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Does it hurt? Leann explains mammograms

  • They might enter the clinic in fear. But after a mammogram by Leann McMullen, women often say, "Oh, that wasn't so bad."

    "Many patients come in fearful because they've heard horror stories about mammograms," says McMullen. "But it shouldn't be a horrible experience. It is very important to listen to patients and help them feel at ease."

    That's what the radiology coordinator and her colleagues try to do as they perform an average of 380 mammograms a month at Allina Health Coon Rapids Clinic.

  • Catching breast cancer early

    A mammogram is an X-ray examination of the breast in a woman with no breast complaints. It's meant to find cancer when it is too small to be felt by the woman or her doctor.

    Early detection improves one's ability to overcome breast cancer, the second leading cause of cancer death in women (after lung cancer).

    A screening mammogram usually involves four views: a front and a side of each breast. For each view, the breast is squeezed between two plates to spread the tissue apart and allow a low dose of radiation.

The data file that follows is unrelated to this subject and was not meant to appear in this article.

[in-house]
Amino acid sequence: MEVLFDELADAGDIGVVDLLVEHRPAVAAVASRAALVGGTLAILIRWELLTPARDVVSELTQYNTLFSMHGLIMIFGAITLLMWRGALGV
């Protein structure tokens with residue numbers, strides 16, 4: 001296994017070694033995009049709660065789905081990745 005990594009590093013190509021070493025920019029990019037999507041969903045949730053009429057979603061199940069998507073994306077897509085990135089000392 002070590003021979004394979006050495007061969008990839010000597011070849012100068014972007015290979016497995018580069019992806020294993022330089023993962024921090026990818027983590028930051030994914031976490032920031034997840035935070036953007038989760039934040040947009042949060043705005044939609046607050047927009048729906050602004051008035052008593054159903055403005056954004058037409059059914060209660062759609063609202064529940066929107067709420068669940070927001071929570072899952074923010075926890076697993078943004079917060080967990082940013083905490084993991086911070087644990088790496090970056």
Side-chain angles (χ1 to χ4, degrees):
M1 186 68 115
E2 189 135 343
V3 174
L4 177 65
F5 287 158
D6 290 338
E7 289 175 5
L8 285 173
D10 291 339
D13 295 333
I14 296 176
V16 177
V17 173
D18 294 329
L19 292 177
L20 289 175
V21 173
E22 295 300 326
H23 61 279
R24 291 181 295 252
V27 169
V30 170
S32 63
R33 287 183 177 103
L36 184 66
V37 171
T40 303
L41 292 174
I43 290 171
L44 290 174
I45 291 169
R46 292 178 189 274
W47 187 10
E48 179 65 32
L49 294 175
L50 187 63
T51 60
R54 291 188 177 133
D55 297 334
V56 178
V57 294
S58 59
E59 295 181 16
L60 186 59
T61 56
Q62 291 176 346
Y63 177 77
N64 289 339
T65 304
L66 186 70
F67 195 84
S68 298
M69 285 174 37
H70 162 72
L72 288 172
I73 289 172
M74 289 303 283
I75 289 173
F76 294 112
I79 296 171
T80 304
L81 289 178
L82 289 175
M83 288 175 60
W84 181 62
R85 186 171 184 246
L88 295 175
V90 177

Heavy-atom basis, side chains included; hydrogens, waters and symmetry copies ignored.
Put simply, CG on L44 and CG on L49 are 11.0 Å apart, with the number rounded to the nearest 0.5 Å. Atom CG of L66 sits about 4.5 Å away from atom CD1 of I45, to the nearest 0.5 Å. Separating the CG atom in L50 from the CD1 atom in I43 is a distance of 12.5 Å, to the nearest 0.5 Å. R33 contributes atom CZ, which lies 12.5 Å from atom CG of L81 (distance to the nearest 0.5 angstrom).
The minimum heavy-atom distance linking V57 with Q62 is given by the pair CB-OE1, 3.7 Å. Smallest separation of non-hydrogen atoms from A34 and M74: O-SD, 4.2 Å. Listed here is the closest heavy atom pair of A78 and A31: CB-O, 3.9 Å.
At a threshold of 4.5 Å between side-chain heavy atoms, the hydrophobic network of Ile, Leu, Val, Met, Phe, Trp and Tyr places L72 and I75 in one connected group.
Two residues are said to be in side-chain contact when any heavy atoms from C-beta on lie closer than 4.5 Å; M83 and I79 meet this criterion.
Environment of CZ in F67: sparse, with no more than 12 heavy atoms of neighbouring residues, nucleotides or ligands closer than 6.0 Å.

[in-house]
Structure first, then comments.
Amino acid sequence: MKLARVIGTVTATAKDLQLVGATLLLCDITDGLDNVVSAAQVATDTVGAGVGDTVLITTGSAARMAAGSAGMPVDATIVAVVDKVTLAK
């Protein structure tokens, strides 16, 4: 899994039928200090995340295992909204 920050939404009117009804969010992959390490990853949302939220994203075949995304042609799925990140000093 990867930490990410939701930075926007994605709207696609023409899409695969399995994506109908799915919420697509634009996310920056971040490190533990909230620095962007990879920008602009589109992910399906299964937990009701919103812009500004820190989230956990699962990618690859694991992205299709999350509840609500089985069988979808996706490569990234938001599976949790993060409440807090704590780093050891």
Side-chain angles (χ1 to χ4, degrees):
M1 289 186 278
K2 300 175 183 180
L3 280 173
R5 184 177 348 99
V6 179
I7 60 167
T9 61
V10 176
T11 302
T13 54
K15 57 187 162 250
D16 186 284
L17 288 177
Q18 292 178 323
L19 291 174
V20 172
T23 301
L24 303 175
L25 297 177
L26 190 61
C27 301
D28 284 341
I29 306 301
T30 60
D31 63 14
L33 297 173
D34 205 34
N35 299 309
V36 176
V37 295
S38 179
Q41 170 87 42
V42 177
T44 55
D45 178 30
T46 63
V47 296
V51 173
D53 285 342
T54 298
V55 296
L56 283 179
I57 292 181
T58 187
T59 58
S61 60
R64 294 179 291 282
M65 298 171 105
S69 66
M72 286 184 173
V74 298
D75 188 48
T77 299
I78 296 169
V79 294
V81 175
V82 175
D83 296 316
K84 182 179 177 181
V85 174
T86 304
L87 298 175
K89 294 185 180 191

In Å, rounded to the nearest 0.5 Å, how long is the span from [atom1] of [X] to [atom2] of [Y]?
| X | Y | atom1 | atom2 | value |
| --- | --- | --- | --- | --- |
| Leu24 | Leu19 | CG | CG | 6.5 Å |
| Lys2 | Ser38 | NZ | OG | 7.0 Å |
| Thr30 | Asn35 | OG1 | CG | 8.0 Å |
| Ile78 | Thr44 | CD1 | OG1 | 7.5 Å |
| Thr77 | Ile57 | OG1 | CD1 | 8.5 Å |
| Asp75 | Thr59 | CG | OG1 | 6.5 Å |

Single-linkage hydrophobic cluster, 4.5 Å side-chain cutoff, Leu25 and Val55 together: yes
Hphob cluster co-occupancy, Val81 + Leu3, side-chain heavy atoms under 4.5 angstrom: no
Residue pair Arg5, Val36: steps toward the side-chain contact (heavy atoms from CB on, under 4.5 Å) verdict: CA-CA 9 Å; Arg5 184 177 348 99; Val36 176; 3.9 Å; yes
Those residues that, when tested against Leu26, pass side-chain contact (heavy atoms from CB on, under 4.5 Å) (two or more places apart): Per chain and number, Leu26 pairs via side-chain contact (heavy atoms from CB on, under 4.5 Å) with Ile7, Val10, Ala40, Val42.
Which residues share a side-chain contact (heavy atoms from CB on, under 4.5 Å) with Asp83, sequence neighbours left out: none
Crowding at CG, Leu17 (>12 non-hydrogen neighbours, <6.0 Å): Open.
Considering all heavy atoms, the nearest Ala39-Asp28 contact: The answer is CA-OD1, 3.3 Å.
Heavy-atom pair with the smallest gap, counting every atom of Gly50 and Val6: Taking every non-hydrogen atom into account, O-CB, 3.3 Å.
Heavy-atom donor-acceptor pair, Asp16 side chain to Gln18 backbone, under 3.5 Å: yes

"There is a moment of discomfort. It is tight, but then it's done. The total amount of compression time is 40 to 50 seconds for all four views," says McMullen, who personally receives a mammogram each year.

    expand to learn moreWhat should I do before my mammogram?

    expand to learn moreWhat should I expect after my mammogram?

  • Source: Allina Health's Patient Education Department, Mammograms, Clinical Breast Exams and Self-exams, rad-ahc-14066 (3/08); American Cancer Society; "Types of Breast Biopsies" by Tammy Fox, MD, and Diane Stoller, MD, Piper Breast Center Communiqué, winter 2003; National Cancer Institute
    Reviewed by: Timothy Sielaff, MD, PhD, FACS, president, Virginia Piper Cancer Institute; Carol Bergen, RN, manager, Piper Breast Center; Deborah Day, MD, medical director, Piper Breast Center
    First published: 08/25/2009
    Last reviewed: 08/25/2009